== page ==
Even if you just got rid of one piece of paper (like old bills or receipts) a day for a whole year it would make an impact.
So, if the thought of decluttering scares you or causes you to panic, explore Madsen’s blog and consider taking on this simple approach to decluttering.
The brainchild of Joshua Fields Millburn and Ryan Nicodemus of the popular blog of the same name, The Minimalists: Live a Meaningful Life is a great book about the concept of minimalism and what it can actually do for you.
This is more of an inspirational book on decluttering and how it can affect your life in a positive way.
But, what’s more, Millburn and Nicodemus have created an entire blog and website with a variety of challenges/methods to decluttering and living a minimalist lifestyle that you can easily implement (with or without buying their book).
First, you can play the Minimalist Game.
Find a friend or family member who’s willing to do this with you for the next month too (it makes it more fun and keeps you both accountable!).
The way it works is on the first day of the month, choose to get rid of one item. On the second day, you get rid of two items, on the third day you get rid of three items. And, so on and so on.
Giving away one thing on the first day is easy, but can you come up with 20 things to get rid of on the 20th day of the month?
What about 31 things to part with on the last day of the month?
Those who stick with it will have a home with 496 fewer pieces or clutter. Making it a challenging competition with friends or family ups the stakes too…can you stick with it?
Second, you can do a Packing Party. (Because as Nicodemus says, “Everything is more fun when you put ‘party’ at the end.”)
A “Packing Party” is just like it sounds. You put all your stuff into boxes as if you were moving.
Then after everything is packed up, you only unpack the items needed over the next three weeks.
In doing this exercise, Nicodemus discovered that after three weeks, 80% of his stuff was still packed away in boxes.
And, then he donated all that unopened stuff.
That’s a bit extreme for me. But, I do think it’s an exercise to try if you have an excess of things.
At the end of the day, what do you actually use on a daily basis? What do you actually need?
The hundreds of books we have sitting on shelves, the boxes of old photos, the piles of our children’s artwork we are hoarding. What’s the point of it all?
And, that’s kinda the whole point of minimalism in general and what Millburn and Nicodemus explore in their book and on their blog.
The Best Books About Decluttering – Clearing Mental Clutter
Peter Walsh is an organization expert who has written dozens of books about decluttering and organization. And, he’s appeared on Oprah (back in the day) and The Rachael Ray Show.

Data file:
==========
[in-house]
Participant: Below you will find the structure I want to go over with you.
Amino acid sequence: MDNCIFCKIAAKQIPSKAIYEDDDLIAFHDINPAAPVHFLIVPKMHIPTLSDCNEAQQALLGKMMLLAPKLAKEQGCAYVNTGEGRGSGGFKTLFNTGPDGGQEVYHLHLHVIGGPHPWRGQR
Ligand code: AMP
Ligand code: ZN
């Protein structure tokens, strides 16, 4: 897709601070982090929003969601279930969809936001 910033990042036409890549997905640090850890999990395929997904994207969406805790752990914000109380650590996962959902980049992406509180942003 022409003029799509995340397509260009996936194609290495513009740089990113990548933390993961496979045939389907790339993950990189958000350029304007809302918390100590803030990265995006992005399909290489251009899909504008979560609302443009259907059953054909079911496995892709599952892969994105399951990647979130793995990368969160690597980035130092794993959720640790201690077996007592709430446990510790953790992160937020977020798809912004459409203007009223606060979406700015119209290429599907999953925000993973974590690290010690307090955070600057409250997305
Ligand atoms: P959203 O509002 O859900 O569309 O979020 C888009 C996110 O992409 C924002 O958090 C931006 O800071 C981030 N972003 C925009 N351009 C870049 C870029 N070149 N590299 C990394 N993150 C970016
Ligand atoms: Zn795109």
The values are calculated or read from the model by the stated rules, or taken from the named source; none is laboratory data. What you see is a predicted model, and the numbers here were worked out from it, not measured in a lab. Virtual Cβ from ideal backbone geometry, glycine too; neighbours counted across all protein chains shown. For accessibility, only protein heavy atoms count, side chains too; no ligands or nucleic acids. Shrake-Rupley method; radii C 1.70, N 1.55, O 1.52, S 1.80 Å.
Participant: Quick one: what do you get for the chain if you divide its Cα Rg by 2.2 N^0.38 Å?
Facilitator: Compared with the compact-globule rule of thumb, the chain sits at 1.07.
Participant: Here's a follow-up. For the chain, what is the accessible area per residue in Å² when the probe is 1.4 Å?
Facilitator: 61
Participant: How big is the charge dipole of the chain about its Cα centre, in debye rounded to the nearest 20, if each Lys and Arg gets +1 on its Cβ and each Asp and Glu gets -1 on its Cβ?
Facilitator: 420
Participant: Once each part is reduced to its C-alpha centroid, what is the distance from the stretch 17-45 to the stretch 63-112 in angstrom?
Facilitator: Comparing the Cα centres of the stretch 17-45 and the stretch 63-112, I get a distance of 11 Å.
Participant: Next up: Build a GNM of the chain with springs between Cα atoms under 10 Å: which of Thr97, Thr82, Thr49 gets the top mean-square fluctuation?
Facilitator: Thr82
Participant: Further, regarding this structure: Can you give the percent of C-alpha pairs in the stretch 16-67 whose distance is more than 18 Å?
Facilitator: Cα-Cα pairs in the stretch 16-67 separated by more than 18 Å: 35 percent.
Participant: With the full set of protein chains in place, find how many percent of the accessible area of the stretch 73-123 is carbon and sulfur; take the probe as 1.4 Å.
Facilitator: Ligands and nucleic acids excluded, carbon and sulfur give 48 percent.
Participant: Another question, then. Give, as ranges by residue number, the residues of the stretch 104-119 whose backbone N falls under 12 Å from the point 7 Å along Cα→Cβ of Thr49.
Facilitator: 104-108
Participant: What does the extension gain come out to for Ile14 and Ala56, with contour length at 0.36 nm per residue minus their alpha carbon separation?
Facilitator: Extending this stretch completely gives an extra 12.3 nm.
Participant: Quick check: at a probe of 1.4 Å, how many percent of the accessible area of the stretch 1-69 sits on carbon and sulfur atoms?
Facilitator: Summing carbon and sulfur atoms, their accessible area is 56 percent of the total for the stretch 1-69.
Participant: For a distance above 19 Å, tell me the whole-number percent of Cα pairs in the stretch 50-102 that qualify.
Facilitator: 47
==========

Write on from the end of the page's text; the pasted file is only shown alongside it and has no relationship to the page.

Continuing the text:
“Taking a very different approach to other professional organizers, Peter believes that clutter is anything that stands in the way of people living their best lives.”
And, that’s why I’m highlighting Walsh on this list, specifically his book Enough Already!: Clearing Mental Clutter to Become the Best You.
Because, as we learned in part 1, clutter isn’t always physical. There is digital and even mental clutter too.
And, that’s what this book explores more than the others on this list, is the psychology of clutter. Walsh believes that there are six main areas of a person’s life (family, relationships, work, health, money, and faith) and these areas are all interconnected.
If one area of your life is cluttered, the other areas of your life will inevitably become cluttered too.
But, this book takes a turn focusing on how to manage those areas from a mental and emotional aspect.
It’s almost like a self-help book with a decluttering theme or analogy.
And, it’s interesting to think about mental clutter and how you can declutter your mind which can then lead to decluttering actual things too.
These are just five of the many decluttering books out there as well as some creative methods to help you begin the decluttering process.
Of course, there are tons and tons of other decluttering books out there.
But, these books are from experts that have some of the best and most tangible methods for decluttering to make it easier.
And many of the methods can easily be done with the whole family, including kids, which is important to me as a parent.
Teaching your child the value of things we buy and use are all important life skills. And, getting them involved with donating old clothes or toys is a great way to help them understand the concept of getting rid of things that we no longer use or need.
As we look toward the next part in this series, “Cut Through Clutter,” I encourage you to pick one of these books or methods that resonates with you and prepare for the next post in the series: Decluttering Made Easy with Four Tips.